I should also apologise for two mistakes in my preview gossip. Sebastian Feigl let me down, not coming close to retaining his title as predicted. Also among the Polish team juniors, I should have reported that Patryk Olszewski would fly and I got his name completely mixed up. Sorry and thanks to Marek Malinowski for spotting my error.
Time to change new rules for old!
In December this year the CIAM bureau meeting will decide what should be on the agenda for next April's FAI meeting in Lausanne. This time F3J rule changes are possible, and if you want to see any changes, the best bet is to get your national body to submit draft proposals with the correct wording and the reasoning to justify change. In UK this needs to go to BMFA before the end of September.
Only one change seems likely to be approved at this stage, and that concerns the penalties for flying lower than three metres over the safety corridor and designated safety areas.
Tomas Bartovsky, CIAM's RC-soaring committee chairman, became convinced of the need for rule change last year at the world champs in Turkey. All pilots there will remember the slope-soaring created by the super marquees and a line of trees just behind them, and several pilots saved their scores by cruising up and down, sometimes for half the slot or more, sometimes more than once.
An arbitrary rule was announced before the contest started that pilots flying below treetop level when sighted from the safety corridor by the line managers would be penalised unless they came in straight for a landing. Several 100 point penalties were imposed, and several pilots got away without penalty. The fact is that no contest director or line judge can truly measure how high the model is flying above a tent or anyone's head.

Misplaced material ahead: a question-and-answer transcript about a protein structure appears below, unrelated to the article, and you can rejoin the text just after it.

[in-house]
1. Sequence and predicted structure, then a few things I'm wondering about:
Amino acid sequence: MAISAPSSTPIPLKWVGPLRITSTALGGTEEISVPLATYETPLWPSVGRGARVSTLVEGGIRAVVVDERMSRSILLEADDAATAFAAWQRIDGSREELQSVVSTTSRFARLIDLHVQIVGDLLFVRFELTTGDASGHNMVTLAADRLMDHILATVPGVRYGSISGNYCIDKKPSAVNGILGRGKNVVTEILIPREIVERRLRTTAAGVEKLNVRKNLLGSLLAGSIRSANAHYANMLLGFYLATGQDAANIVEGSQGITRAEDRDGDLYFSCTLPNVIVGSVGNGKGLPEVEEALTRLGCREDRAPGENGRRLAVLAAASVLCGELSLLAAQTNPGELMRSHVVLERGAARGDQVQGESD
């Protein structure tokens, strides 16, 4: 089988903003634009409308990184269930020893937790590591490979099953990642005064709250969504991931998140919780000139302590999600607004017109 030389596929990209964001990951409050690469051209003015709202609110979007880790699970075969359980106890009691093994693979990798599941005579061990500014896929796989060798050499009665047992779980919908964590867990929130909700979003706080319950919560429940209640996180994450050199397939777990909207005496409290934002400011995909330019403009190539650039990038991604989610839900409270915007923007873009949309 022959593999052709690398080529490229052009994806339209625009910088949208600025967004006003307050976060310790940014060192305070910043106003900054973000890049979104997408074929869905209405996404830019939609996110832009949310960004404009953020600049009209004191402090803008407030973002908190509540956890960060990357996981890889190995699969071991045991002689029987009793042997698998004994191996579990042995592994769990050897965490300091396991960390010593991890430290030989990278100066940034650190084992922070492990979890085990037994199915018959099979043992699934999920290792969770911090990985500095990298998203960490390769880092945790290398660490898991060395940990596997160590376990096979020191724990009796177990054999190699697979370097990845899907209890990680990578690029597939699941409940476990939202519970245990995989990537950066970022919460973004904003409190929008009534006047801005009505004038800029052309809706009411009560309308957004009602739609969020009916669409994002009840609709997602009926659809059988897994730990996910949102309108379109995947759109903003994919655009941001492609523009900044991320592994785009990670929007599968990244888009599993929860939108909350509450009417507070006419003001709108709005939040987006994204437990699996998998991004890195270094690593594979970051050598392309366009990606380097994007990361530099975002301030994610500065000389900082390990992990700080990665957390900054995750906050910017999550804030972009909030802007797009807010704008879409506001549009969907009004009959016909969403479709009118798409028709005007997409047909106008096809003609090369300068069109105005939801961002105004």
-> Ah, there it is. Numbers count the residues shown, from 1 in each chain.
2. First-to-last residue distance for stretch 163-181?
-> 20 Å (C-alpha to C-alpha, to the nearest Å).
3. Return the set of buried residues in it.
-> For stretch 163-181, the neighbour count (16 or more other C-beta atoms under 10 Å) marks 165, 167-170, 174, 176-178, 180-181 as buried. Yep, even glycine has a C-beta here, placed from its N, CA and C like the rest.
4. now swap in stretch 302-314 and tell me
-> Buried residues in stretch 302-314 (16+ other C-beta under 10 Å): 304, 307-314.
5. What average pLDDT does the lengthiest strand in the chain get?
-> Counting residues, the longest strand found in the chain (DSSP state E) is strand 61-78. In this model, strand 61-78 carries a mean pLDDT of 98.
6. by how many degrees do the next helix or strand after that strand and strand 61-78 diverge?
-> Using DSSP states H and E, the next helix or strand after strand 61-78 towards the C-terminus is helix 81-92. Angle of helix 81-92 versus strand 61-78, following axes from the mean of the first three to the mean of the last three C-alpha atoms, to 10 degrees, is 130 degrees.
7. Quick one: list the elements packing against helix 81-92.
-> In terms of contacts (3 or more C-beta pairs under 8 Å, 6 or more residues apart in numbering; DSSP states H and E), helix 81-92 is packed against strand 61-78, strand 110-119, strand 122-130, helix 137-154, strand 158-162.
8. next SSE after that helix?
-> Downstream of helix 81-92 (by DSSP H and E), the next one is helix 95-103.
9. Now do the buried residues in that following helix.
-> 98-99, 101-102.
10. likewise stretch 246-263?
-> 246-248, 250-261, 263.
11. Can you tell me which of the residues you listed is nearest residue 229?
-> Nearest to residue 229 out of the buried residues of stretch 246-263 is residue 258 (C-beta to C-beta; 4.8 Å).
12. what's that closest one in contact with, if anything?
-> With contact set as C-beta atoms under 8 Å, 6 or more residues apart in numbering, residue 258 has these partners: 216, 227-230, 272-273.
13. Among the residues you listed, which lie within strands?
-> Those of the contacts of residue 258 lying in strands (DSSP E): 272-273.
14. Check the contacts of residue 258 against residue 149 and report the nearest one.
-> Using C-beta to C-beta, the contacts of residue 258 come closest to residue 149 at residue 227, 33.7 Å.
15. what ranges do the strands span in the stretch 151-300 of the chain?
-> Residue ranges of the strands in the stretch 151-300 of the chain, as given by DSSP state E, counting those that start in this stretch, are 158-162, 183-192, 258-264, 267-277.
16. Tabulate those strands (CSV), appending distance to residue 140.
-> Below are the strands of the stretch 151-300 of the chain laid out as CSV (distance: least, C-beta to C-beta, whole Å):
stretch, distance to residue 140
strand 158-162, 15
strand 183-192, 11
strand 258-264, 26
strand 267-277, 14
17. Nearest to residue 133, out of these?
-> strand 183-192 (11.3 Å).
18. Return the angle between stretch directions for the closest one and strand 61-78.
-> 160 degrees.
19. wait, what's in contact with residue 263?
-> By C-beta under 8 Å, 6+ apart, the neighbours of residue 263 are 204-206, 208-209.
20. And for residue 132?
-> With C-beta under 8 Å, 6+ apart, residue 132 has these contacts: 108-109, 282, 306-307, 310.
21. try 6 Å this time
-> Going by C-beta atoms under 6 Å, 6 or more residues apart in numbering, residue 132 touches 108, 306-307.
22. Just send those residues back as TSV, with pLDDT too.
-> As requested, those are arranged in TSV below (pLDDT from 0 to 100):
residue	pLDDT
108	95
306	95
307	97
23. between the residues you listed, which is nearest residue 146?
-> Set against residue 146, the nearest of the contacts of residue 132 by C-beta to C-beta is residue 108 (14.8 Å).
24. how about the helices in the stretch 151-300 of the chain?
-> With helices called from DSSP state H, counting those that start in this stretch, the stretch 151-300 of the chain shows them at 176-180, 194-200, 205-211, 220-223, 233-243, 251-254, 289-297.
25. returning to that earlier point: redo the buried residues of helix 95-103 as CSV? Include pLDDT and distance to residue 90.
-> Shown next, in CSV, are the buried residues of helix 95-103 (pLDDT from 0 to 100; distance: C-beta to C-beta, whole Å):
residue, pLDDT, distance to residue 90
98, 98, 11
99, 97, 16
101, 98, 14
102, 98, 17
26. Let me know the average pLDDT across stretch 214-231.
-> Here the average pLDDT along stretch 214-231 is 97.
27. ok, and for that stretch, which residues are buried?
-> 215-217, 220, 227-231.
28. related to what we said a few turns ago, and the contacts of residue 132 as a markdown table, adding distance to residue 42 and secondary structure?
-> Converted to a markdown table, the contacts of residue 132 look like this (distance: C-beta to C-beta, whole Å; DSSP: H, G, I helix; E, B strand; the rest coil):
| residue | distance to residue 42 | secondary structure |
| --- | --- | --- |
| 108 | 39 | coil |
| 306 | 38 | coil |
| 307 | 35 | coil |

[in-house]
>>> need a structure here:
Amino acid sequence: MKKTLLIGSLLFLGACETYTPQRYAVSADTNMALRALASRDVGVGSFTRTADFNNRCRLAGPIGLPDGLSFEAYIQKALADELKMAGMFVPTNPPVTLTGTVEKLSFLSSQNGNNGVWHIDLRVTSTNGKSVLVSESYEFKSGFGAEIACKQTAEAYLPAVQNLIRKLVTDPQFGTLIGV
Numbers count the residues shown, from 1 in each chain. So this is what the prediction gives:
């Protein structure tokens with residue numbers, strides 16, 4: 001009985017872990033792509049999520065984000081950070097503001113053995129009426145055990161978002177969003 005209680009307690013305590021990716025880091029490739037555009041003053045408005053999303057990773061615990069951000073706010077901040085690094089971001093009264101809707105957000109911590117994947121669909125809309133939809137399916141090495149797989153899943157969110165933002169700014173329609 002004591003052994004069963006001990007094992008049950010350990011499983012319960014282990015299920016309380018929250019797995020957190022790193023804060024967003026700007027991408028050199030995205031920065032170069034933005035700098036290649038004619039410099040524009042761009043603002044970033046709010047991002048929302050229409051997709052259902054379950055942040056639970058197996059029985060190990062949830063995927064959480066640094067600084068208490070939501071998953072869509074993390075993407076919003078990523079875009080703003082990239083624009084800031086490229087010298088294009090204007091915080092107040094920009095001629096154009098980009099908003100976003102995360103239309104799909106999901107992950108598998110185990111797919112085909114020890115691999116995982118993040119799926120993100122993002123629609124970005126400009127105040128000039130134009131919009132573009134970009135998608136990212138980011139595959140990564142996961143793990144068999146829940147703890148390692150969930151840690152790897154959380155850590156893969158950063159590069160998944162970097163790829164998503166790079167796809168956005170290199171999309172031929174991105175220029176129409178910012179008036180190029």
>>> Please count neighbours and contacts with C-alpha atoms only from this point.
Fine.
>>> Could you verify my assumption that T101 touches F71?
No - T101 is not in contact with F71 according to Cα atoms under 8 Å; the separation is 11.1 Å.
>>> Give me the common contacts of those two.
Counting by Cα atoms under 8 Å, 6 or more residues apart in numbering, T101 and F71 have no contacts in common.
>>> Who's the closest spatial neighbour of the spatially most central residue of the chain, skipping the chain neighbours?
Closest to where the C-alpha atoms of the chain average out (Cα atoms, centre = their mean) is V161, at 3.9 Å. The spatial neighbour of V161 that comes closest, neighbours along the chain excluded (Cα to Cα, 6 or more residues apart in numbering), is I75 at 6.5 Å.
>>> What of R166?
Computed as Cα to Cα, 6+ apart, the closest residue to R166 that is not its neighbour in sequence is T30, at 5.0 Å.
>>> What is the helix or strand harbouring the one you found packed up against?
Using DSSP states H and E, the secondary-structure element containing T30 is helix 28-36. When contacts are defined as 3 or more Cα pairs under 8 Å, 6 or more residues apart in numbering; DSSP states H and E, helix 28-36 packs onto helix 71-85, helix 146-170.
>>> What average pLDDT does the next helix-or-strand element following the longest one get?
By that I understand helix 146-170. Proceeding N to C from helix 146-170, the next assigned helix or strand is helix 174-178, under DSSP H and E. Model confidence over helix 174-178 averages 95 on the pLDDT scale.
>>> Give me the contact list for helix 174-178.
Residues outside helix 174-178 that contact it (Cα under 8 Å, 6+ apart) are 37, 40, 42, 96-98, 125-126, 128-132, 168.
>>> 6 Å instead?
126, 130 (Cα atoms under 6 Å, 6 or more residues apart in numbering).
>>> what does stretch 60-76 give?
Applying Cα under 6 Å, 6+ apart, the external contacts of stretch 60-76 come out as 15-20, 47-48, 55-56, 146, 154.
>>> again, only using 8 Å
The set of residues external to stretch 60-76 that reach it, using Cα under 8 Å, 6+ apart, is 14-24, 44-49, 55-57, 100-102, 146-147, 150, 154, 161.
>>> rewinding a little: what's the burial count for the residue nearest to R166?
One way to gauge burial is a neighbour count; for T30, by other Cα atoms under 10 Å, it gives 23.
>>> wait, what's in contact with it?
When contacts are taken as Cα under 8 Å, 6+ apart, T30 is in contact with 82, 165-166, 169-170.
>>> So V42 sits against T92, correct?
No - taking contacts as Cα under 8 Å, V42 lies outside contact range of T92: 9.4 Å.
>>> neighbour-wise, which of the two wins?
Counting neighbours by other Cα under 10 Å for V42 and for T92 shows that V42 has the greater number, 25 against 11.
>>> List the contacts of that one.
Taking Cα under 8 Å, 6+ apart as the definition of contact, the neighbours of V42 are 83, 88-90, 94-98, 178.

Current thinking is that F3J rules should change so that in future no measurement of height clearance is required. Instead the penalties for landing in the safety area or corridor will be severe enough to deter any pilot from risking it. And the penalty for actually hitting a person or object will be even higher.
Actual wording has yet to be decided, and there is likely to be a debate about the severity of penalty. Landing in the corridor, even with a wing tip, is likely to cost 300 or 500 points deducted from the pilot's final score. Touching or hitting a person could mean a zero for that round, or a zero for the next two rounds, or disqualification. Such rules will certainly make any pilot think twice even in the heat of competition.
CIAM would welcome comments and/or your views on rule changes, and Tomas Bartovsky urges national committees to bring forward their proposals.
Sydney Lenssen, 8 September 2009